(xii) If I do not have a Lawyer, can I bring someone to assist me during the Mediation?

Yes, so long as there is no objection from the other party. As with a lawyer, the Mediation ‘assistant’ maybe present to help you fully understand what takes place and what is discussed at the Mediation session. Your Mediation ‘assistant’ (whether legally qualified or not) may not speak for you or on your behalf. Each party is required to present their own case in their own words to enable the Mediator to clearly define the issues in dispute and interests of the Parties.

(xiii) Is Mediation Legally Binding?

Yes, a Mediation will be legally binding if both parties agree upon a mutual resolution. The Mediation Resolution Agreement must be in writing and signed by both parties.

(xiv) If I Use Mediation, will I need to go to Court?

In specific cases, for example, in a divorce case, you may still need to file the requisite paperwork in court and obtain the required order.. However, if a mutually agreeable resolution has been arrived at via the Mediation Process as to the terms of the divorce i.e. in respect of all property, financial, custody, parenting and other issues, and the Court accepts the said terms of resolution, it is unlikely that you will have to make many, or any, court appearances. However, it is best to consult your Lawyer on whether or not your attendance in Court would still be required.

(xv) Must an Agreement be Reached in Mediation?

No party is forced to accept a solution that does not meet their respective interests and/or needs. The parties must appreciate that the goal of Mediation is to create a solution that comes as close as possible to a “win-win” agreement, while recognizing that parties may not receive everything on their wish list. If there is no resolution via the Mediation process, the parties may still go to court to resolve their disagreement.

(xvi) Can a Mediator be a Witness or Talk to the Judge?

No. All Mediation proceedings and what occurs, is said, or heard during a Mediation is Confidential and cannot be revealed by the Mediator, the parties, their lawyers and any person present at the Mediation or during any part of it.

Further, all Mediation proceedings and what occurs, is said, or heard during a Mediation is without prejudice. A Mediator cannot be a witness in Court Proceedings or talk to any other person about what occurred during the Mediation proceedings, nor can any other person who was present.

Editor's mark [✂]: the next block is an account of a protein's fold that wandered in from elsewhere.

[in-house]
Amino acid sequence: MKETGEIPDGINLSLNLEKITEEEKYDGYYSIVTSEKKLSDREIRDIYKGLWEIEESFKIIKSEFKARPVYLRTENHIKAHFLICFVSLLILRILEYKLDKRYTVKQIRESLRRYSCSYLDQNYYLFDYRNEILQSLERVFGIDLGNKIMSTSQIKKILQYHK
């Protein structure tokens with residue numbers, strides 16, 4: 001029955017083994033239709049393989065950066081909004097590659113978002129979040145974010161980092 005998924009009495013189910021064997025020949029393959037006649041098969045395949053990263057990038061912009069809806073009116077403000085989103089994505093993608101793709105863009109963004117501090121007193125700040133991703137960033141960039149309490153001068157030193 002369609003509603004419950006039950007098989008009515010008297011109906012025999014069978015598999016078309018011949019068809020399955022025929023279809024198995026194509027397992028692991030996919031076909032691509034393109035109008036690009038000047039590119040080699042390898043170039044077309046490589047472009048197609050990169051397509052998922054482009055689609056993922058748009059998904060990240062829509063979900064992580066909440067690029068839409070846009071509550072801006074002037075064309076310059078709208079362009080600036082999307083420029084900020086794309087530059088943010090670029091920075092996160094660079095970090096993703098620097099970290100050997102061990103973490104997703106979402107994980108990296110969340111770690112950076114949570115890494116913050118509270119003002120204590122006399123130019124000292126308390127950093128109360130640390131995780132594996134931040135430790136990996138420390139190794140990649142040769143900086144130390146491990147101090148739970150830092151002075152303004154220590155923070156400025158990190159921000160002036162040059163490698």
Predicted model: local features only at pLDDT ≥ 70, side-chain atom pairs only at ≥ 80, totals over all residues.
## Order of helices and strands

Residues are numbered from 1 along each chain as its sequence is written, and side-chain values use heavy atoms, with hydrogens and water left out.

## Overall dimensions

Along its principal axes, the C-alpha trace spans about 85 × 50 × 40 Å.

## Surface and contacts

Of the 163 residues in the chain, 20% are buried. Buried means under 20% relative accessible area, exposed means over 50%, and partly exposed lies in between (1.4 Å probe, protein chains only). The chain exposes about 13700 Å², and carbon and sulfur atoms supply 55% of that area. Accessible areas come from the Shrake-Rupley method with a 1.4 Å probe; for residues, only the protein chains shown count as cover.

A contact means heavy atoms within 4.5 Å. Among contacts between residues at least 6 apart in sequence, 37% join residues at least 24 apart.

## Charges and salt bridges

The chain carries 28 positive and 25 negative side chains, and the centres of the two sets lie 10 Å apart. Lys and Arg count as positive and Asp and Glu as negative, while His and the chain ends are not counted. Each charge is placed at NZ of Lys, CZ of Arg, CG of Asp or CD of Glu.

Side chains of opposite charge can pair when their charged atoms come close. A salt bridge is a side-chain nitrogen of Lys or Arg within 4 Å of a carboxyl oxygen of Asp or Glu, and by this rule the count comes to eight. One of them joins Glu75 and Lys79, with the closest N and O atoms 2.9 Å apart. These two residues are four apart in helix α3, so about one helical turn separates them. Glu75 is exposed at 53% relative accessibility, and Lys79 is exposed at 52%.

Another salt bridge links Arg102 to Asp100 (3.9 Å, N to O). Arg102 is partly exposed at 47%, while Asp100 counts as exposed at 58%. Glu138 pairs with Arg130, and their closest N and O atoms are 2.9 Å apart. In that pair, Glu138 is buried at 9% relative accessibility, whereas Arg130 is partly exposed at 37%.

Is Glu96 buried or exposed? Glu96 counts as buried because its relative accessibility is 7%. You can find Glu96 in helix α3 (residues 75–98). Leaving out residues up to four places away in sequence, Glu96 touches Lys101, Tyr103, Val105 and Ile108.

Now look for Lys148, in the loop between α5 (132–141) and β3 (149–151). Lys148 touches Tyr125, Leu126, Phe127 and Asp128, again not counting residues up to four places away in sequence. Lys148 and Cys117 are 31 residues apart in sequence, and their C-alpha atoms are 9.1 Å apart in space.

Additionally, neither the parties nor their lawyers may introduce into evidence before the Court as to what had occurred or had been revealed during the Mediation process.
(xvii) What should I know about a Mediator before appointing one?

You should approach hiring a Mediator just like you would any other professional. Speak with as many Mediators as you can to get a feel for their style and approach to the process.

In addition, you may wish to ask questions about the following:

  • Training, experience and background;
  • Experience or knowledge in mediating the type of issues you have; and
  • Fees charged and how fees are to be divided among the parties to the Mediation.

(xviii) What are the Advantage of Mediation over Litigation or Arbitration?

  • Timely resolutions
  • Reduced legal costs
  • Privacy and confidentiality of issues and parties
  • Preservation of relationships
  • Reduction of court back-logs
  • Less intimidating process than litigation
 and arbitration
  • No cross examination
  • Control over the proceedings and outcome
  • Opportunities for parties to express their interests
  • Limited compromising of legal rights

(xix) How much does Mediation cost?

Along with your Mediation Request Form , you have to send MMC a non-refundable processing fee of RM100.00.

The Mediator’s fee, which will have to be shared equally between the parties, will have to be negotiated directly with the Mediator. The cost of the hiring of the venue for the Mediation and the refreshments will also be borne and shared equally by the parties.